How to tile a splashback
A tiled splashback is a smart and stylish way to protect and decorate your walls in the bathroom or kitchen. It can prevent splashes and stains from the hob or sink from damaging your walls, and make them easier to clean. It can also add some personality and flair to your room, by using different colours, grouts, or tile patterns.
Plus, they are one of those DIY jobs that with a bit of a guidance most of us can attempt ourselves, saving us money in the process, which can be better spent elsewhere.
So, make sure to read on to find out what tools and accessories you are going to need for a splashback as well as a step-by-step guide to tiling a splashback at home.
What tiles can you use for a splashback?
There are no hard or fast rules when it comes to the types of tiles that can be used for a splashback with ceramic, porcelain, natural stone and even mosaic tiles more than suitable. For more information on the various styles as well as sizes of splashback tiles, click here.
What tools do you need for tiling a splashback?
When tiling a splashback, we’d recommend using the following tools:
How to tile a splashback: a step-by-step guide
Step 1 – Measure the space for your splashback
Make sure you’ve measured the area of your splashback. If you’re struggling to do this, check out our video here on the best way to measure your rooms. You’ll find it very useful.
Once you’ve worked out the size of the space for your splashback in your bathroom or kitchen, this will allow you to calculate how many tiles you are going to need. Again, if you need help on this front try the free Tile Calculator app on the Tile Warehouse website. We’d also recommend ordering 10% more in any case of damages (or you need to repair a damaged tile at some point in the future).
Step 2 – Prepare your area for tiling
Once you’ve worked out the size of the area you are planning to tile, and calculated how many tiles you are going to need, it’s time to prepare your wall for tiling.
If there are any lumps or bumps on your wall, make these are sanded down so the area you are going to tile is clean, smooth and level. Ensure your wall is flat and that any bumps or lumps have been sanded down. For more detailed advice on getting a wall ready for tiling make sure to read our blog here.
Step 3 – Mark out where you are going to tile your splashback
Next measure the width of the area to be tiled and mark the centre point on your wall. Then mark another centre point at the top of your tiled area so you know where you want your tiles to stop. Finally draw a vertical line between the two points to give you your centre line. It’s also worth at this point dry laying your tiles to work out your tile laying pattern (i.e. brick bond) and whether or not you will need to cut any tiles to fit the available space.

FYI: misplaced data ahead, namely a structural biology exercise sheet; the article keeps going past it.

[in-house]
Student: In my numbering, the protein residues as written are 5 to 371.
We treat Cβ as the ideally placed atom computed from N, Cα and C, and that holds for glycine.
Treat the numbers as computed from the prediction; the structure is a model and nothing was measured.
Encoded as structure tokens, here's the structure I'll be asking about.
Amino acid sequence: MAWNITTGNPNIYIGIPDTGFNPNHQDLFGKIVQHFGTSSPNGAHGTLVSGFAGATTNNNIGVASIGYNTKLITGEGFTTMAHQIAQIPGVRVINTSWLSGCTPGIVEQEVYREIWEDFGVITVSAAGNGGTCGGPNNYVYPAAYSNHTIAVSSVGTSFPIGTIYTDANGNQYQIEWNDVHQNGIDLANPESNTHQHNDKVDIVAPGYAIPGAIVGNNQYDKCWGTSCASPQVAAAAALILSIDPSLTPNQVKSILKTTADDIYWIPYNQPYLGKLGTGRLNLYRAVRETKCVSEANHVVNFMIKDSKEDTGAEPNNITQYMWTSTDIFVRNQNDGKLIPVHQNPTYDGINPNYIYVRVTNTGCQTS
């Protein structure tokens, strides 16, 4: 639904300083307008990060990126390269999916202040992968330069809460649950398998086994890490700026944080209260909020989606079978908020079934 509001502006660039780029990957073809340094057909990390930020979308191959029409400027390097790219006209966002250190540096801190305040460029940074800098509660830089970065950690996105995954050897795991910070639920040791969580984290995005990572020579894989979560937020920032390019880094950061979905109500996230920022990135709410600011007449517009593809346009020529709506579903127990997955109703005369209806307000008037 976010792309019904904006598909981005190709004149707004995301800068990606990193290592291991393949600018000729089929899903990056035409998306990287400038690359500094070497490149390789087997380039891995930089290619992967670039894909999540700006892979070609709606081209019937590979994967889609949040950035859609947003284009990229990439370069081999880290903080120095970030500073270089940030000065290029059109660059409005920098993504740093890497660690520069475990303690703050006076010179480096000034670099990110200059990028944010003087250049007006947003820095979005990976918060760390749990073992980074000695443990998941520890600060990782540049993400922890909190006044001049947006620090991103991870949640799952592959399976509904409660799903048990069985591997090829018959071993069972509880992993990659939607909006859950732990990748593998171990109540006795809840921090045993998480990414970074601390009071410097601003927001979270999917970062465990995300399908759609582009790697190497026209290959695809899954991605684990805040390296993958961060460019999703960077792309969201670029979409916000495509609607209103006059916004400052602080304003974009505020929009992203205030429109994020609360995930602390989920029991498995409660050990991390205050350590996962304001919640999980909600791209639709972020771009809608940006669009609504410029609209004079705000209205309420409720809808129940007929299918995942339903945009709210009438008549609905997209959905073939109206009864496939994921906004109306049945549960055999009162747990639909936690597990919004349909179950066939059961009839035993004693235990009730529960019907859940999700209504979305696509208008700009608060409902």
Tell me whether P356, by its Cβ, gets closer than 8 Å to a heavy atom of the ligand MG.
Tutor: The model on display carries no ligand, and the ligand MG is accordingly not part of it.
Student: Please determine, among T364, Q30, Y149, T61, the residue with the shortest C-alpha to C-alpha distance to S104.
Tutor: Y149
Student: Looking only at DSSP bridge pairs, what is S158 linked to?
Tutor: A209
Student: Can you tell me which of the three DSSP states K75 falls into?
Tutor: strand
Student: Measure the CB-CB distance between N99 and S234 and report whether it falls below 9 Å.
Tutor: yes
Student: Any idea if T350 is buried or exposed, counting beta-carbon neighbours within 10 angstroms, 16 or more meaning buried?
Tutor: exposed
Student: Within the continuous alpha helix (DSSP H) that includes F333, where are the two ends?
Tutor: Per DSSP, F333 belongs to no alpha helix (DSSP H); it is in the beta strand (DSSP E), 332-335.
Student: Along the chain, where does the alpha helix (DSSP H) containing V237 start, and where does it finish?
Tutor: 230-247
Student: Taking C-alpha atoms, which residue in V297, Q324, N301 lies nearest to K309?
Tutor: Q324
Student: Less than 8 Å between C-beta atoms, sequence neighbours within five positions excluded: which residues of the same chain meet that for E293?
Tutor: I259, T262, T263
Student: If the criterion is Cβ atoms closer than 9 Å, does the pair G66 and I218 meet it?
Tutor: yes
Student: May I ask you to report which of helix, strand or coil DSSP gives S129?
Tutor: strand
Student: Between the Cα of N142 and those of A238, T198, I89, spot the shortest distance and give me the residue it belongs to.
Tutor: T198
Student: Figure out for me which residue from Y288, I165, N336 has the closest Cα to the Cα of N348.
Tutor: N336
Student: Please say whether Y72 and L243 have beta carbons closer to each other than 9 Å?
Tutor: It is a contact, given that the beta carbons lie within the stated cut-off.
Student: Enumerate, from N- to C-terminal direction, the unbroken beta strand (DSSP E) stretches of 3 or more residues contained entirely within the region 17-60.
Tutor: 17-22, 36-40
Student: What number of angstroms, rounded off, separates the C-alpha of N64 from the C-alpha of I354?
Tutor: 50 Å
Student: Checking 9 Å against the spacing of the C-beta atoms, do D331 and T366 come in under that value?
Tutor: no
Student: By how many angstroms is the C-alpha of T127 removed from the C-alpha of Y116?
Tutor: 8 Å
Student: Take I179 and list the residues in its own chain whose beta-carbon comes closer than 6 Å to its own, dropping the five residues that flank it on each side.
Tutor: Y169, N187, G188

Step 4 – Mix your adhesive
Always follow the manufacturer’s instructions when it comes to mixing tile adhesive. Also make sure you choose the right tile adhesive, especially in wet areas like sinks or showers in order to provide your tiles with the maximum grip.
Once you’re happy with the consistency of your tile adhesive, use your notched trowel to apply your bed of adhesive on your wall. If you need help choosing the right sized trowel for your tiles, click here.
Step 5 – Lay your tiles
Now it’s time to start laying your tiles. Place your first tile onto your bed of adhesive. Working from the middle outwards to the sides, apply the next tiles in the row. Make sure to use tile spacers to create even gaps between each tile for your grout and clean away any excess adhesive as you go along.
Once complete it’s time to leave your adhesive to dry. We would recommend at least 24 hours before applying your grout.
Step 6 – Apply your grout
The bulk of the work is now done. Now it’s time to grout your tiles. Firstly, mix your grout following the manufacturer’s instructions until you are happy with the consistency.
Then using a grout float, apply the grout to the gaps in the tiles by holding the grout float at a 45-degree angle and working across your tiles. Repeat the process until you are happy that all the grout lines are filled. Make sure to wipe away any excess grout once you’ve finished with a clean damp sponge (rather than once it’s dried). Then it’s just a case of waiting for it to fully dry before sealing with either a silicone sealant or a tile trim to ensure your tiles remain watertight.
Watch our video
Tile Warehouse has teamed up with YouTuber Proper DIY to show you the best way to tile a splashback in either your bathroom or kitchen. Our video is packed full of tips and techniques for DIYers of all levels.
Need more information?
If you have any questions regarding selecting the right tiles for your home, then feel free to contact our Customer Services team using our web chat facility.